Énée et Lavinie (Collasse)
Énée et Lavinie (Aeneas and Lavinia) is an opera by the French composer Pascal Collasse, first performed at the Académie Royale de Musique (the Paris Opéra) on 7 November 1690. It takes the form of a tragédie lyrique in a prologue and five acts.
|Vénus, (the goddess Venus)||soprano||Fanchon or Louison Moreau|
|Énée (Aeneas), a Trojan prince||haute-contre||Louis Gaulard Dumesny|
|Latinus, King of Latium||basse-taille (bass-baritone)||Jean Dun|
|Amate (Amata), his queen|
|Lavinie (Lavinia), their daughter||soprano||Marthe Le Rochois|
|Turnus, King of the Rutuli||basse-taille||Moreau|
|Junon (the goddess Juno)||soprano||Marie-Louise Desmatins|
|L'ombre de Didon (the ghost of Dido)|
|Le grand prêtre de Janus (the high priest of Janus)|
Aeneas, fleeing the destruction of Troy, has arrived in Latium in Italy. The King of Latium wants to marry his daughter Lavinia to Aeneas, but the Trojan has a rival in the local prince Turnus, who is favoured by the queen and the goddess Juno. Juno provokes Turnus to fight the Trojans. The king consults the oracle of his father, the god Faunus, who says that Lavinia must choose her husband for herself and then there will be peace. The ghost of Dido warns Lavinia not to trust her faithless lover Aeneas. The god Bacchus also inspires Lavinia with a hatred of the Trojans and she announces she will marry Turnus. Aeneas reproaches her for her choice and tells her he only abandoned Dido because the god Jupiter told him to. Lavinia admits she loathes Turnus and was only persuaded to marry him by a divine fury sent by Bacchus. Turnus arrives and Aeneas challenges him to single combat. Turnus accepts. The goddess Venus brings Aeneas special armour. Aeneas and Turnus fight (offstage) and Aeneas is victorious. Juno renounces her hatred for the Trojans and the opera ends with the wedding of Aeneas and Lavinia.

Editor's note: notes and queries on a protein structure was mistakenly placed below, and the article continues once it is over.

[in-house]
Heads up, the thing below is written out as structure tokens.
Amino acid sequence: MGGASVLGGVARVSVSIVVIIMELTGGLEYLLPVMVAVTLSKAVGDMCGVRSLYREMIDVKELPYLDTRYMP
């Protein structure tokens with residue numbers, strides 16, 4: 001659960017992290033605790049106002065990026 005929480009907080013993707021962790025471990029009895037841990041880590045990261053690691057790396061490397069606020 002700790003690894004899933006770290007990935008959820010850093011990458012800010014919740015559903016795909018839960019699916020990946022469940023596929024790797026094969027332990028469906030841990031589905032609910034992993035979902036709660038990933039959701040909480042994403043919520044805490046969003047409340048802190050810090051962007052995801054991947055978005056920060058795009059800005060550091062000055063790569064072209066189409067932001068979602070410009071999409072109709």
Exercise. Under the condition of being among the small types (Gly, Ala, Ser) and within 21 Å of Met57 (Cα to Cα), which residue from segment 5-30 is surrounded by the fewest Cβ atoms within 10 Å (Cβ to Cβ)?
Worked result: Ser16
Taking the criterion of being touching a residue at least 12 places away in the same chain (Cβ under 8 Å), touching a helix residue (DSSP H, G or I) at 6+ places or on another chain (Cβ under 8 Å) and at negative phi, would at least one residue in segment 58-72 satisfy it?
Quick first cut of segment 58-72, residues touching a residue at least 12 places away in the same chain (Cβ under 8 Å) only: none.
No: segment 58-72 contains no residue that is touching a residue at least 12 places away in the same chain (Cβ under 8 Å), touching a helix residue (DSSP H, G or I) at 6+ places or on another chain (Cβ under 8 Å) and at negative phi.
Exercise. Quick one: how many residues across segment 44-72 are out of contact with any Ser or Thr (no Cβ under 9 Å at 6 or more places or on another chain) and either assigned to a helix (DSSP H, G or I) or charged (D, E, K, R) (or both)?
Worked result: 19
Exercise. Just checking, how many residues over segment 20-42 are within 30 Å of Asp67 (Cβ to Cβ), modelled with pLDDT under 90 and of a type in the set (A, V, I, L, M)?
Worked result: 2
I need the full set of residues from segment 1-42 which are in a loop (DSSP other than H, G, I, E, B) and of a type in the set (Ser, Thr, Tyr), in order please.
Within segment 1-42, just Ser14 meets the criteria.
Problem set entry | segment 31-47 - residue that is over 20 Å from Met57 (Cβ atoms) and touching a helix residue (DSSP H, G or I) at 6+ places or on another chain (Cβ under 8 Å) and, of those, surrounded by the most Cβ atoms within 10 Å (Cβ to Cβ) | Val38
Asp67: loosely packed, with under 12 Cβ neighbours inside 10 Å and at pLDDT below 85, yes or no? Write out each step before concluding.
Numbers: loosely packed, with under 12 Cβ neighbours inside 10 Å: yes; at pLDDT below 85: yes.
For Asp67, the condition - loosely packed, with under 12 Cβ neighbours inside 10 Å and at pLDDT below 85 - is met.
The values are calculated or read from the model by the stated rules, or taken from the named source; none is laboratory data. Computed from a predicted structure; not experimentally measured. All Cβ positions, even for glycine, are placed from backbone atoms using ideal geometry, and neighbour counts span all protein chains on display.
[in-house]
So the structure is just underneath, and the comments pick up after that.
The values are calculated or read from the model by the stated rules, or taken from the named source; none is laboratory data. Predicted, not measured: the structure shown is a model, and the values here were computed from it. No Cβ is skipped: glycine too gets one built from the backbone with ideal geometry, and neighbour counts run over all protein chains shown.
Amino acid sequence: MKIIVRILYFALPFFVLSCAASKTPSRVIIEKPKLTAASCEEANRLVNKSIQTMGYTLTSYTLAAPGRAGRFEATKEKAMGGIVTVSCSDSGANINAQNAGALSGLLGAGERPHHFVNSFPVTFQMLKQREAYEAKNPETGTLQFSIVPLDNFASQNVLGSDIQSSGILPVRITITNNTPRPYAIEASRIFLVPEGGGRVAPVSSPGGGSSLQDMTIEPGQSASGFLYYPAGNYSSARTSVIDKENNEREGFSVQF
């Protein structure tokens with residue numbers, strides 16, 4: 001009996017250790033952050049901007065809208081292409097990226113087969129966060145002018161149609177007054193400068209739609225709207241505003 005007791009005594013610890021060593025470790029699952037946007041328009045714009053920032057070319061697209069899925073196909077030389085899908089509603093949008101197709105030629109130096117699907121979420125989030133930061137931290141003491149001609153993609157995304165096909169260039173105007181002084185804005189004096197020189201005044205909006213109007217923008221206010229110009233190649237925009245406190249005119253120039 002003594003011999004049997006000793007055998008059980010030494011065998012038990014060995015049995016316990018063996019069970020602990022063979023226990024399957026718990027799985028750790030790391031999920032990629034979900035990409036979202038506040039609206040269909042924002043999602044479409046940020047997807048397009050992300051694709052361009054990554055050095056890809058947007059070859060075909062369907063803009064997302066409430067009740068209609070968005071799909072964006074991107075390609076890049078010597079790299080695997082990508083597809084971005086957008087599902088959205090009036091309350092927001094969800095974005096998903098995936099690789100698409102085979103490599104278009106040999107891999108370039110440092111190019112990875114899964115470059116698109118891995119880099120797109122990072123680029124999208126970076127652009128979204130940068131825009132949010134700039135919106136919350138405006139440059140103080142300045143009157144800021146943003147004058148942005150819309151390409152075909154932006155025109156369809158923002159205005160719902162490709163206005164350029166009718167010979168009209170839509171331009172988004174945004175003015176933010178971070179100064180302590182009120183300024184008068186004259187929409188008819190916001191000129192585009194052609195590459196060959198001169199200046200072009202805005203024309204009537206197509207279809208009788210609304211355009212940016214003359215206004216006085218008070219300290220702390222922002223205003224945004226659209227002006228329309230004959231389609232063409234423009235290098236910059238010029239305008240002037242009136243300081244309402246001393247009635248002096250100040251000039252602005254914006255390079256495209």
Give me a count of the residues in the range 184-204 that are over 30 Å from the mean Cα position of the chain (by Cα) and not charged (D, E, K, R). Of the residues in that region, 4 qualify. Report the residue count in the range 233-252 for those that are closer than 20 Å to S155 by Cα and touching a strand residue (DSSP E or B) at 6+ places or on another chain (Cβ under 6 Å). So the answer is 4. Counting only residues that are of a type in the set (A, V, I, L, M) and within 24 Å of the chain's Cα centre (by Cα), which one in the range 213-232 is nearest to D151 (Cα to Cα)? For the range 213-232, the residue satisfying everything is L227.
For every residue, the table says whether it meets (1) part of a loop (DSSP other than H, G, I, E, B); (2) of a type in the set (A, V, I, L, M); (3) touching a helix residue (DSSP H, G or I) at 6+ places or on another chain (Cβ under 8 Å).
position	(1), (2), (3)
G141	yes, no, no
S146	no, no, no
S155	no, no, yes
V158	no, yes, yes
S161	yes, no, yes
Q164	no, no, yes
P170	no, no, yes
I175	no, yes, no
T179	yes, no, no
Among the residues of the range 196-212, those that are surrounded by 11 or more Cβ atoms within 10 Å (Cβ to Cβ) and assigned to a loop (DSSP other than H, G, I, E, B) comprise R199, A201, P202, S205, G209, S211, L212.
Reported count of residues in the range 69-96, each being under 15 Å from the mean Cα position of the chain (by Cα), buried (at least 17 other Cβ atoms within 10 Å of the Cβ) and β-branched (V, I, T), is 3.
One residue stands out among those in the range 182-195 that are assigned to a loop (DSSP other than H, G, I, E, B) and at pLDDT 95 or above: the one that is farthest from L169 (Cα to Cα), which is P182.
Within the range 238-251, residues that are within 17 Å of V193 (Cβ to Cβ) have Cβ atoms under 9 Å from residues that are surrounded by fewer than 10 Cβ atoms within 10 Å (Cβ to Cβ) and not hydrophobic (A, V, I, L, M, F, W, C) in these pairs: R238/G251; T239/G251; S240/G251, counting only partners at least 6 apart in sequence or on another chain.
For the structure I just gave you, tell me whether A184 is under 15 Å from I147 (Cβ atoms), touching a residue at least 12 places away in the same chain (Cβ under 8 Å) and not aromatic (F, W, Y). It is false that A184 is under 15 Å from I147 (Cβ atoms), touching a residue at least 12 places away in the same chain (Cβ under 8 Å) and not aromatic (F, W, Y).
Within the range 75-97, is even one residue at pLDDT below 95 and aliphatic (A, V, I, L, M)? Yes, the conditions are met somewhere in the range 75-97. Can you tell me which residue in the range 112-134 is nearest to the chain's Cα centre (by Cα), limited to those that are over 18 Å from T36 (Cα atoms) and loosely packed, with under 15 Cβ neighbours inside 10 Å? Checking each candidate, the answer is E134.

- According to Francis B. Assaf Introduction - Appendice, in Antoine Houdar de La Motte Les Originaux ou L'Italien, Tübingen, Narr Verlag, 2012, p. 28, ISBN 978-3-8233-6717-8.
- This singer, whose first name has not been reported, was a brother of Louison and Fanchon Moreau (cf. Chanteurs de l'Opéra), either of whom (probably Fanchon) created the role of Vénus. Of course, he is not to be confused with another Moreau who sang the basse-taille at the Paris Opéra about a century later.
- Félix Clément and Pierre Larousse Dictionnaire des Opéras, Paris, 1881
- (French) Libretto at "Livrets baroques"